ICAR-Central Potato Research Institute
Potato research in India formally began on 1st April, 1935 with the opening of three breeding and seed production stations at Shimla, Kufri (both Shimla hills) and Bhowali (Kumaon hills), under the Imperial Agricultural Research Institute, New Delhi. In 1945, a scheme for the establishment of Central Potato Research Institute was drawn up under the guidance of the then Agriculture Advisor to the Government of India, Sir Herbert Steward and Sir Pheroz M. Kharegat, Secretary, Ministry of Agriculture. Dr. B. P. Pal, Dr. S. Ramanujam, Dr. Pushkarnath, and Dr. R.S. Vasudeva participated in the formulation of the scheme and in establishment of the institute. Dr. S. Ramanujam, who was then working as Second Economic Botanist at IARI, was appointed as an Officer on Special Duty (OSD) for implementing the scheme in 1946. The institute was established in August 1949 at Patna and started functioning from an old single-storey, barrack-type building provided by the Government of Bihar. Three small units under the IARI looking after potato, namely Potato Breeding Station at Shimla, Seed Certification Station at Kufri, and Potato Multiplication Station at Bhowali were merged with the newly created CPRI. The headquarter of the institute was shifted to Shimla, Himachal Pradesh in 1956 in order to facilitate hybridization work and better maintenance of seed health. The growth and development of potato in the country has never looked back after that. India emerged as the global leader in the area of sub-tropical potato production as a result of well-planned research effort that has been supported and strengthened during successive five year plans. Potato production jumped from mere 1.54 million tonnes from 0.23 million ha area in the year 1949-50 to 45 million tones from 1.96 million ha area during 2012-13, thus making India the second largest potato producer in the world after China.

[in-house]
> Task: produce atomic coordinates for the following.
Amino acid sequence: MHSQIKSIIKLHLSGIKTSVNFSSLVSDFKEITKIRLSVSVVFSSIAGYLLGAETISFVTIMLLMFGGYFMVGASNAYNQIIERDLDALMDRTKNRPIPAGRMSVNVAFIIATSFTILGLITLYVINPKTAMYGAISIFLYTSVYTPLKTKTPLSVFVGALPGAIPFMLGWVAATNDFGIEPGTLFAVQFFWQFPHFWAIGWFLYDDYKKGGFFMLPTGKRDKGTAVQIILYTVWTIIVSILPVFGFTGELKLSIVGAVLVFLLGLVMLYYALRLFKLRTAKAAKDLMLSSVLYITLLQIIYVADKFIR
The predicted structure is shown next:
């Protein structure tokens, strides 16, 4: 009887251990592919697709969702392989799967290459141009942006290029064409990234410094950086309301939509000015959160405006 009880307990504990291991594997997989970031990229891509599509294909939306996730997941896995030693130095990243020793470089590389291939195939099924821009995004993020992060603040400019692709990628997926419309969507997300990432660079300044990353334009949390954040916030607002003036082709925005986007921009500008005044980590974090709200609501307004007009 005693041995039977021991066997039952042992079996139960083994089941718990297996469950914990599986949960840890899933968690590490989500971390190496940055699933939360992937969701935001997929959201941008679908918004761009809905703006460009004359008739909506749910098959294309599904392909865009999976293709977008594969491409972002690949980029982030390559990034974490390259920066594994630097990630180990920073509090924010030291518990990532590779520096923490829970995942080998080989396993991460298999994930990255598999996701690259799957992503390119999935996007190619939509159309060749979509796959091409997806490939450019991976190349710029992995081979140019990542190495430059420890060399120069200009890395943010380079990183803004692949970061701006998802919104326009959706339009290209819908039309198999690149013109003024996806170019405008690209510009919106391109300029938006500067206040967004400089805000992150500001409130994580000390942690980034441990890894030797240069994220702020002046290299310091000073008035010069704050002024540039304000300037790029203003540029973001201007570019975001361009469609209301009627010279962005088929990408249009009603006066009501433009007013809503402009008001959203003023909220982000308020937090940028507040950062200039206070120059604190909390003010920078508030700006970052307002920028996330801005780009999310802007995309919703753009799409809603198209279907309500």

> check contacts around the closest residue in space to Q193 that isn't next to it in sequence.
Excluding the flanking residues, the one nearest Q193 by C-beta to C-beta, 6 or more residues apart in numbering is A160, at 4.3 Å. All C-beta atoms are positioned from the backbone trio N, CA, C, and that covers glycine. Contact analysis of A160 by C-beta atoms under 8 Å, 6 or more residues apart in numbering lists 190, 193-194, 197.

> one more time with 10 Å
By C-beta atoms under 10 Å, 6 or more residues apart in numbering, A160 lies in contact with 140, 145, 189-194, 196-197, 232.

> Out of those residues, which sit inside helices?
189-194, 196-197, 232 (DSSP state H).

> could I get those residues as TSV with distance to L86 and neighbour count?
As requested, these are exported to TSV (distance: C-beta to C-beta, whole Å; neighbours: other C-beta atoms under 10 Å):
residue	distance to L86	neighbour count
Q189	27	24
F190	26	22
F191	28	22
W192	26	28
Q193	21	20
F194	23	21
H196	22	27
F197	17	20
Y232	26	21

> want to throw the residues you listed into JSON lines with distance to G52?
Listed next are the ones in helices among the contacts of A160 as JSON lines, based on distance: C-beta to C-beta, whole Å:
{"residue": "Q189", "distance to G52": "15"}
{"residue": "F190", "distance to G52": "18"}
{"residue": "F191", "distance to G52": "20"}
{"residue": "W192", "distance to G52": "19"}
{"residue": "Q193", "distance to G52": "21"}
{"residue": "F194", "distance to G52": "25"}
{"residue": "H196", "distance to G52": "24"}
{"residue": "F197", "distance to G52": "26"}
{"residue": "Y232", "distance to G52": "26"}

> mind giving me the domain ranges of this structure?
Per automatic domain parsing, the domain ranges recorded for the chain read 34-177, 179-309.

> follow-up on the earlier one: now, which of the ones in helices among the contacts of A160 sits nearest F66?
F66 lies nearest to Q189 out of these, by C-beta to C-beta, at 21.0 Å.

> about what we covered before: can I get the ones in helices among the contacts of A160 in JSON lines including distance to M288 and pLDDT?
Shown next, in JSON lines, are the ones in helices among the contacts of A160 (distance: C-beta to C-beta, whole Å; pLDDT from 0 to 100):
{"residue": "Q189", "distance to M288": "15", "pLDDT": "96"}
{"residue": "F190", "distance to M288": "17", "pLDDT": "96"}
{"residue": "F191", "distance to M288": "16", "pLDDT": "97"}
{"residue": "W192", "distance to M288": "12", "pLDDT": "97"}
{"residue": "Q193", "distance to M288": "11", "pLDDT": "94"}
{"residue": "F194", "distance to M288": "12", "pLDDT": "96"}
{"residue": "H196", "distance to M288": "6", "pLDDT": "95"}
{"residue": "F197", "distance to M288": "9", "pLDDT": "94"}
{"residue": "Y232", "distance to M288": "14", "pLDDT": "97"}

Potato (Solanum tuberosum L.) is one of the most important food crops after wheat, maize and rice, contributing to food and nutritional security in the world. This tuber crop of the family solanaceae has about 200 wild species. It originated in the high Andean hills of South America, from where it was first introduced into Europe towards the end of 16th century through Spanish conquerors. There the potato developed as a temperate crop and was later distributed throughout the world largely as a consequence of the colonial expansion of European countries. It was introduced to India by early 17th century probably through British missionaries or Portuguese traders